Simple New Test Aids in Fight Against Breast Cancer

Medical researchers at the OSF SaintAnthonyCenter for Cancer Care in Rockford, Illinois have published the results of a study whose goal was to develop a reliable technique for identifying women who may be carriers of mutated genes (known as BRCA mutations) that are known to be associated with a higher risk of breast cancer.

The researchers developed what they have tentatively named the Pedigree Assessment Tool (PAT) by analyzing the results obtained from 3,906 women without a personal medical history of breast cancer who completed a questionnaire as part of a routine mammogram. The responses given by those who participated in the survey were then evaluated by accepted biostatistical methods and compared to the results predicted by 2 well-established models (the Frank and Gail models) that have been used to determine the risk of breast cancer occurring within 5 years and in a lifetime.

The PAT correctly predicted a high probability (= 10%) of the presence of BCRA mutations in 82 patients with a known family history of breast cancer. After factoring in differences in ethnicity, environment, and other related factors the PAT demonstrated an overall reliability of 96%, a sensitivity (the number of patients that actually had one or more BRCA mutations) of 100%, and a specificity (correctly predicting those without the BRCA mutations) of 93%.

In the “Discussion” section of their report the authors conceded that potential limitations of the study include a failure to predict susceptibility due to high penetrance genes other than BRCA1 and BRCA2; and the use of the Frank model as the “gold standard” against which the PAT and Gail model were judged. However the authors are optimistic that the PAT, most likely in combination with other risk assessment strategies, will be a valuable improvement in the efforts to reduce breast cancer deaths by quickly and reliably identifying those at highest risk.

“The PAT is a simple and accurate tool for identifying women at risk for the hereditary breast cancer syndromes that can be employed as part of a comprehensive breast cancer risk-screening strategy in the primary care setting … We believe that the concept of a comprehensive breast cancer risk-screening strategy applied to large populations at the primary care level warrants further investigation, and that such a strategy could be effectively employed by combining the Gail model with a tool like the PAT.”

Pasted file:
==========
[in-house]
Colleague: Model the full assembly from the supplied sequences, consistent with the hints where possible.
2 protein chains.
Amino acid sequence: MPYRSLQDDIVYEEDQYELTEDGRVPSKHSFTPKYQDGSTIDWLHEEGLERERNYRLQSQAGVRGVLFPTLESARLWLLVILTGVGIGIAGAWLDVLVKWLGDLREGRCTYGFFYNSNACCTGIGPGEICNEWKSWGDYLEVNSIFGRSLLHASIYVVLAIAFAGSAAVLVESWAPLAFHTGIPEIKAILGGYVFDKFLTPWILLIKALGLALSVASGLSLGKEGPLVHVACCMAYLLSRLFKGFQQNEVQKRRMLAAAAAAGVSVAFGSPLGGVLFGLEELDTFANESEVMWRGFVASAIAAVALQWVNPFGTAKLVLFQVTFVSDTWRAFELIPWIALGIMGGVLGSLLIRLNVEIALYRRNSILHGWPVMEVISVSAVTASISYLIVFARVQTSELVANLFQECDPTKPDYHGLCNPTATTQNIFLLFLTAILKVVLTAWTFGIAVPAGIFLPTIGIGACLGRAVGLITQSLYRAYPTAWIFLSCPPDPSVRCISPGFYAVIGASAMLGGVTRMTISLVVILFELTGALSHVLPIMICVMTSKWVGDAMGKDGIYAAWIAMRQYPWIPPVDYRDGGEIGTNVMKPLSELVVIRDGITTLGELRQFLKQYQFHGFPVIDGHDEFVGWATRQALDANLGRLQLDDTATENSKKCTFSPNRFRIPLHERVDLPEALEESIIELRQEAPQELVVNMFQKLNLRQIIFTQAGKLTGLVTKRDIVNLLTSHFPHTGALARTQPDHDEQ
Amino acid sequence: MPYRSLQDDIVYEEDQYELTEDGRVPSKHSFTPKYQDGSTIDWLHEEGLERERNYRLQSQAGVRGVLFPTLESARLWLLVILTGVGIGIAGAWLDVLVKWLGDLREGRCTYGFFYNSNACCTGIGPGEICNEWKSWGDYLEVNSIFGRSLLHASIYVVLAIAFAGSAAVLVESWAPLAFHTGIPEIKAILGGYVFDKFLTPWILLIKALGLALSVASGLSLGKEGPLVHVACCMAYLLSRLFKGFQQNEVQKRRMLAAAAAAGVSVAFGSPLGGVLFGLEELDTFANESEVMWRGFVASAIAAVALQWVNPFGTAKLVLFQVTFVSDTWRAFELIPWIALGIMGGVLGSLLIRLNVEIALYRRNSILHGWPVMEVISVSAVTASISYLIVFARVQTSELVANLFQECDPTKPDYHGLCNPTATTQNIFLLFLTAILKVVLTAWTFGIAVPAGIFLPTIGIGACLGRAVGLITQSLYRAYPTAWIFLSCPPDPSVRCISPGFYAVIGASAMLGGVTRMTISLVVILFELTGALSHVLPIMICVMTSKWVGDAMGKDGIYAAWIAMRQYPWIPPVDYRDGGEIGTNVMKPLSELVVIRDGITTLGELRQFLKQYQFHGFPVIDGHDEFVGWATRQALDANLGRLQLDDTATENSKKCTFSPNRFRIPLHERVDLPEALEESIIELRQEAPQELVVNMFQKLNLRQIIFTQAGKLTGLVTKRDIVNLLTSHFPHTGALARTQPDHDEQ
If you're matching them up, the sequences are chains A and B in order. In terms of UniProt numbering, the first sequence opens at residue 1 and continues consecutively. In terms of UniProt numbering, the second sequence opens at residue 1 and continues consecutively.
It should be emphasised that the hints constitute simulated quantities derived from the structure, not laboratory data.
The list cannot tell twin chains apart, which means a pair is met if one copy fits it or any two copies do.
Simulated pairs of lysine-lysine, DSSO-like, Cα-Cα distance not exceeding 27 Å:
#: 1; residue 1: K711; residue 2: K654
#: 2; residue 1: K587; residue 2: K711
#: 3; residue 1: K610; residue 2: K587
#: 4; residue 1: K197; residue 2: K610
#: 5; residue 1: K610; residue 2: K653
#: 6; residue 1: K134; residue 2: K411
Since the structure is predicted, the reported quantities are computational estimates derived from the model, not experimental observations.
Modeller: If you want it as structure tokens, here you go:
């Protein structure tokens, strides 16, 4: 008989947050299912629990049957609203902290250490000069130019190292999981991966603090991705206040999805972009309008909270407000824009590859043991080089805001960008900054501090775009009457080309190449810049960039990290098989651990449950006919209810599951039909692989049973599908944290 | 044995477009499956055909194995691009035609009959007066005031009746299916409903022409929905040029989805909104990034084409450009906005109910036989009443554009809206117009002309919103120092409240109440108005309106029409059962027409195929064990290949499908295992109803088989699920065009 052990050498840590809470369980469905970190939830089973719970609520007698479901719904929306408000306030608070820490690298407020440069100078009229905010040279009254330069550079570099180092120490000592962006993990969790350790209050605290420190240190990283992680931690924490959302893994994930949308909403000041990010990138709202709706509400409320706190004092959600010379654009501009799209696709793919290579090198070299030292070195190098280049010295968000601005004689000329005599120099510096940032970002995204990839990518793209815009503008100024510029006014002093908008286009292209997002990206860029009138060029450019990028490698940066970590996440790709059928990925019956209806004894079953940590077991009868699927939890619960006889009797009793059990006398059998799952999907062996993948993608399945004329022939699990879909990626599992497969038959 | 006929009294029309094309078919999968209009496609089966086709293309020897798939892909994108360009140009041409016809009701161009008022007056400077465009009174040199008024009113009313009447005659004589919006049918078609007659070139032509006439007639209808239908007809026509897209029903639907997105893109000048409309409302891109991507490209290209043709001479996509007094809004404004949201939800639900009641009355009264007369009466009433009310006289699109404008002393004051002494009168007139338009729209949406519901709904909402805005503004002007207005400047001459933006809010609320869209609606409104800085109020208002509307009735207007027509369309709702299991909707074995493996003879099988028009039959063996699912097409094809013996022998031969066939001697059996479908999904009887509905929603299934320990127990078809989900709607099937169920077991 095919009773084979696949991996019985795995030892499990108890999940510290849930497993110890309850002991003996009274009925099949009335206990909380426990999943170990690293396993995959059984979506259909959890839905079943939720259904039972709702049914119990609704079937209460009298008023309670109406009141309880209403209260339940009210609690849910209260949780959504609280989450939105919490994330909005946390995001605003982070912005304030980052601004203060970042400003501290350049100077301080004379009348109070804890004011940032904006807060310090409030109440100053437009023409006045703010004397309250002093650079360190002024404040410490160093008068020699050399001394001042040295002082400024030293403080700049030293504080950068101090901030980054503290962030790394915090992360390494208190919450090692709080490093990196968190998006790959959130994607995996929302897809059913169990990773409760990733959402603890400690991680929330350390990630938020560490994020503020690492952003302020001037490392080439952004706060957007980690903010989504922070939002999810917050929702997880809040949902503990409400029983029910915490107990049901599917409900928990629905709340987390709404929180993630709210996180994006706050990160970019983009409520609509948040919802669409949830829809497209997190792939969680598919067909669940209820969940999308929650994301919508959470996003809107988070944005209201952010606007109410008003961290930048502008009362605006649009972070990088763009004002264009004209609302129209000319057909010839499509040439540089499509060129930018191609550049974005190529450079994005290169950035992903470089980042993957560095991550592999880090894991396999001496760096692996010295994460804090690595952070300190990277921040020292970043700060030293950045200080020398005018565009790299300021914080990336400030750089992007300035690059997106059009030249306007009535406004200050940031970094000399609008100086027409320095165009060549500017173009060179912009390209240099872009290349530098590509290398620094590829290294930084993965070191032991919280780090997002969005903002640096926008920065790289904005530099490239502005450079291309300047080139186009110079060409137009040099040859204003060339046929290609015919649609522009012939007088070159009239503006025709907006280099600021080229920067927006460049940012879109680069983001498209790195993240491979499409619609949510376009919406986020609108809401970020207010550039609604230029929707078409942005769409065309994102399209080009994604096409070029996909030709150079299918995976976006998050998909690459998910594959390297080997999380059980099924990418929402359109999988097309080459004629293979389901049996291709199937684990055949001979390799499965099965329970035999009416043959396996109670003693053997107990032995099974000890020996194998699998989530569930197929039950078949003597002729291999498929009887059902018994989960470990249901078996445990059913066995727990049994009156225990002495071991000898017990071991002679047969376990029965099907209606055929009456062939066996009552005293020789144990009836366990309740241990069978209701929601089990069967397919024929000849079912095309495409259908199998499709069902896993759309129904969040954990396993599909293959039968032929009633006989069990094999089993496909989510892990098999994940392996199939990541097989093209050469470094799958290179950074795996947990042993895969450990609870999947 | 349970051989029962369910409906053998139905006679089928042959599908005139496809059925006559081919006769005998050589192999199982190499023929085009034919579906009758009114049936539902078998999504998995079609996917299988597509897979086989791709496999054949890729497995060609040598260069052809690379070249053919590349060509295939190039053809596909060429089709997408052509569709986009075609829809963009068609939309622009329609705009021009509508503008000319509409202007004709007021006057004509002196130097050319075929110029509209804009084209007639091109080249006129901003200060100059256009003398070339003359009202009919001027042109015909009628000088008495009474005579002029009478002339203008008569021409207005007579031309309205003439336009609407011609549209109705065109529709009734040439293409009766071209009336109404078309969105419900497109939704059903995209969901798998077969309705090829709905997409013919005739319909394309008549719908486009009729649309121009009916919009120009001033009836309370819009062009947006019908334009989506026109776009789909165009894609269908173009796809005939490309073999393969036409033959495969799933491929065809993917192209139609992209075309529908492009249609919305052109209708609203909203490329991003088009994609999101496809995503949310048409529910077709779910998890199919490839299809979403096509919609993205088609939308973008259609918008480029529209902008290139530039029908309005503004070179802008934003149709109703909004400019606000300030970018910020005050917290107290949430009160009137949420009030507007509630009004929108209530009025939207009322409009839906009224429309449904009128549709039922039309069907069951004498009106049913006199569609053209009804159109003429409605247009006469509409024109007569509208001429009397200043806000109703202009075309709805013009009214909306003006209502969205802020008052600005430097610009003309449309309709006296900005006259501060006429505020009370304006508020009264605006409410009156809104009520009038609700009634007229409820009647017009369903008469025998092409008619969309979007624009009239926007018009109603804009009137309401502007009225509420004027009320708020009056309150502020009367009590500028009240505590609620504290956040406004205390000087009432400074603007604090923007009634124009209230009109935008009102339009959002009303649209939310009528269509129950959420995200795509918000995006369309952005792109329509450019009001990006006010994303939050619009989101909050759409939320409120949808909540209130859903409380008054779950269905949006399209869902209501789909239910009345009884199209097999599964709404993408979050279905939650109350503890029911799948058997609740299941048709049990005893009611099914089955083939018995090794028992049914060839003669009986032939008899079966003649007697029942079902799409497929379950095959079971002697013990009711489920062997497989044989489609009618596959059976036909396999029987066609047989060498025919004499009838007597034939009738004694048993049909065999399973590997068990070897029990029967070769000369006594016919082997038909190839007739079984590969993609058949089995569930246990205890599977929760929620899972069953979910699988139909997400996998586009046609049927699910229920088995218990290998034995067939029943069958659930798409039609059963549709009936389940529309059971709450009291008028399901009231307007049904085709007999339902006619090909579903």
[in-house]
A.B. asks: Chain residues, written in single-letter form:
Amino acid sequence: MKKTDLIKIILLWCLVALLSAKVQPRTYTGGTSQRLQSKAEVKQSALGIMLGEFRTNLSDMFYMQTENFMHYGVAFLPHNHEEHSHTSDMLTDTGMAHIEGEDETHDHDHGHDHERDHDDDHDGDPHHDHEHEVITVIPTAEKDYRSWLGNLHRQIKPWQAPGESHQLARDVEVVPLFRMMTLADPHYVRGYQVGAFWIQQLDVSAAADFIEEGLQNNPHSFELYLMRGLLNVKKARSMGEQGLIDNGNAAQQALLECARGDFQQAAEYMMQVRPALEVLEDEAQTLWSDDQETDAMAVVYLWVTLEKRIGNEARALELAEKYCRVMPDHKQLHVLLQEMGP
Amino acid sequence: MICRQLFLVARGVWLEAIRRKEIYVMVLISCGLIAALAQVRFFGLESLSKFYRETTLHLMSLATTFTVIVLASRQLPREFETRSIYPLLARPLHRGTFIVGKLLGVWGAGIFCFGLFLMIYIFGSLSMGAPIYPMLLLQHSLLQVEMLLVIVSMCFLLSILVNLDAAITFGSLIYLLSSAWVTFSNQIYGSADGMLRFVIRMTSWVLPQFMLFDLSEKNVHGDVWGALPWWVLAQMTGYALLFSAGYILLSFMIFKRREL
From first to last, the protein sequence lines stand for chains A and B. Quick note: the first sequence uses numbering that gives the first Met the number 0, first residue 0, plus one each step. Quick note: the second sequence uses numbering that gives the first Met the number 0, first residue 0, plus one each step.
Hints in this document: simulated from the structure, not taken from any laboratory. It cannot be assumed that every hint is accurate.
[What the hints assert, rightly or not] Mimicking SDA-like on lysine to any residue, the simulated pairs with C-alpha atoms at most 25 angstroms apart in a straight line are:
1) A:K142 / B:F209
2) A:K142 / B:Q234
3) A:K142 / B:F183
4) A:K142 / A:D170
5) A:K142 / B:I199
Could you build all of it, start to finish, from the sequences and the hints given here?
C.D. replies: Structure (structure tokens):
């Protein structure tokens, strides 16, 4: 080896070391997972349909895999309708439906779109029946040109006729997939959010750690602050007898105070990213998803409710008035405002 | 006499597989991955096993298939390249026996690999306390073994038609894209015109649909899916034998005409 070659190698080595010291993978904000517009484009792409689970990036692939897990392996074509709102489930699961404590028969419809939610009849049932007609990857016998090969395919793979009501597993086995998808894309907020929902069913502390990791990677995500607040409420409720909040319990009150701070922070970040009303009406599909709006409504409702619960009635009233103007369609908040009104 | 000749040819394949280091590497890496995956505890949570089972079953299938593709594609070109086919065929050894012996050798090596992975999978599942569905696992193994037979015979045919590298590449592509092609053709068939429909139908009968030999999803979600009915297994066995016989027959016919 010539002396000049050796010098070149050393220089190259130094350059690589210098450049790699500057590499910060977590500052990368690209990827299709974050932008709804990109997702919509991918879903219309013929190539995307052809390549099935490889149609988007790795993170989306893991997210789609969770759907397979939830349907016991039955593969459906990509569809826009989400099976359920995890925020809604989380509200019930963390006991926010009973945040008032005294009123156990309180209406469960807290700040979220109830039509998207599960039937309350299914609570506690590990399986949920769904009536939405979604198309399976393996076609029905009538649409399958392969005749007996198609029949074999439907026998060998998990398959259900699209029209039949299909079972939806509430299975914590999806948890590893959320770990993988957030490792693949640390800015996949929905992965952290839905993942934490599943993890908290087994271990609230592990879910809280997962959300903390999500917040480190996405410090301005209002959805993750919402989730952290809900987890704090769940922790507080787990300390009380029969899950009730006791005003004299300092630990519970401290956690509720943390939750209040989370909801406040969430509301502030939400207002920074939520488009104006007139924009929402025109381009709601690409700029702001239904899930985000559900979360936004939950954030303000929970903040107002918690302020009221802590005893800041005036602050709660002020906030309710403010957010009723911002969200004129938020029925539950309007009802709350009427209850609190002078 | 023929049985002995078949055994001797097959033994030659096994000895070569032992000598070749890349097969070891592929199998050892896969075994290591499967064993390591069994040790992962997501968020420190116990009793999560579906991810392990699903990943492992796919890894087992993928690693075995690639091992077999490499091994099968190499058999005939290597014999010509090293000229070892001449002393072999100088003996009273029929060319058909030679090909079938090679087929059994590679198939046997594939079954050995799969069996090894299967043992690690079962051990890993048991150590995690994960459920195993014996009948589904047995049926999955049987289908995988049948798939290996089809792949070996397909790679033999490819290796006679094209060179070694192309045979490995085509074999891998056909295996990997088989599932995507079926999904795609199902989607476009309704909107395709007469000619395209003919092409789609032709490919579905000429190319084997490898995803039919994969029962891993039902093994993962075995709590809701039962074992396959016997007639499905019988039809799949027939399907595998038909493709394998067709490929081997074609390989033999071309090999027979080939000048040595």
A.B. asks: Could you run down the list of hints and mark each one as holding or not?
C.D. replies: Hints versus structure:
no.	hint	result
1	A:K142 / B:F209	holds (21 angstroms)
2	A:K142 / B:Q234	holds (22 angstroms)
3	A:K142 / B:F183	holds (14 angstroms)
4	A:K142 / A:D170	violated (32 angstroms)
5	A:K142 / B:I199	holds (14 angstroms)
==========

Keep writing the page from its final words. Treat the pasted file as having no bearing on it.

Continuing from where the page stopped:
This study reports on a new technique for predicting who will be at an increased risk for development of breast cancer by reliably determining which women are most likely to be carrying one of the two mutations in the BCRA gene that have been implicated as strongly indicative of future cancers. While this will be a welcome addition to current prediction and screening models it is important to realize that this study, like any other medical test, is based on the principle of statistical inference (using data obtained from a small sample to make accurate predictions about a much larger population). The classic example of statistical inference is the “failed battery” example.

A manufacturer has an assembly line that constructs automobile batteries. The manufacturer tests these batteries on a purely random basis and has determined that 0.5% of all batteries will fail when tested. It can be inferred from the previous results that, out of 1000 batteries produced, 5 will not perform adequately when tested. Notice that while 5 batteries will be defective, the testing doesn’t predict which 5 will fail.

In medical research a test that detects all cases of a certain disease is said to be 100% sensitive for that disease and a test that detects only those cases where the disease is actually present (no false positive events) is said to be 100% specific. I can personally assure you that there has been no test in all the history of medicine that has been both 100% sensitive and 100% specific.

The point of the above discussion is to remind the reader that there will always be some margin of uncertainty involved in any aspect of medical testing and/or diagnosis and the reader is encouraged to discuss such margins of errors with their health care provider.

Online Tools

The National Cancer Institute maintains an interactive risk assessment tool based on the Frank Model as part of its Breast Cancer Risk Assessment program.


Bondy, ML and Newman, LA. Assessing Breast Cancer Risk: Evolution of the Gail Model. Journal of the National Cancer Institute 2006; Vol. 98, No. 17, 1172-1173.

Hoskins, KF, Zwaagstra, A, and Ranz, M. Validation of a tool for identifying women at high risk for hereditary breast cancer in population-based screening. Cancer (In Press).


The information presented in this article and its included links is of an informational nature only and is not intended as a recommendation of any changes in the reader’s health care program. Before making any changes in diet, medications, or other treatments the reader is strongly advised to consult with their health care provider.

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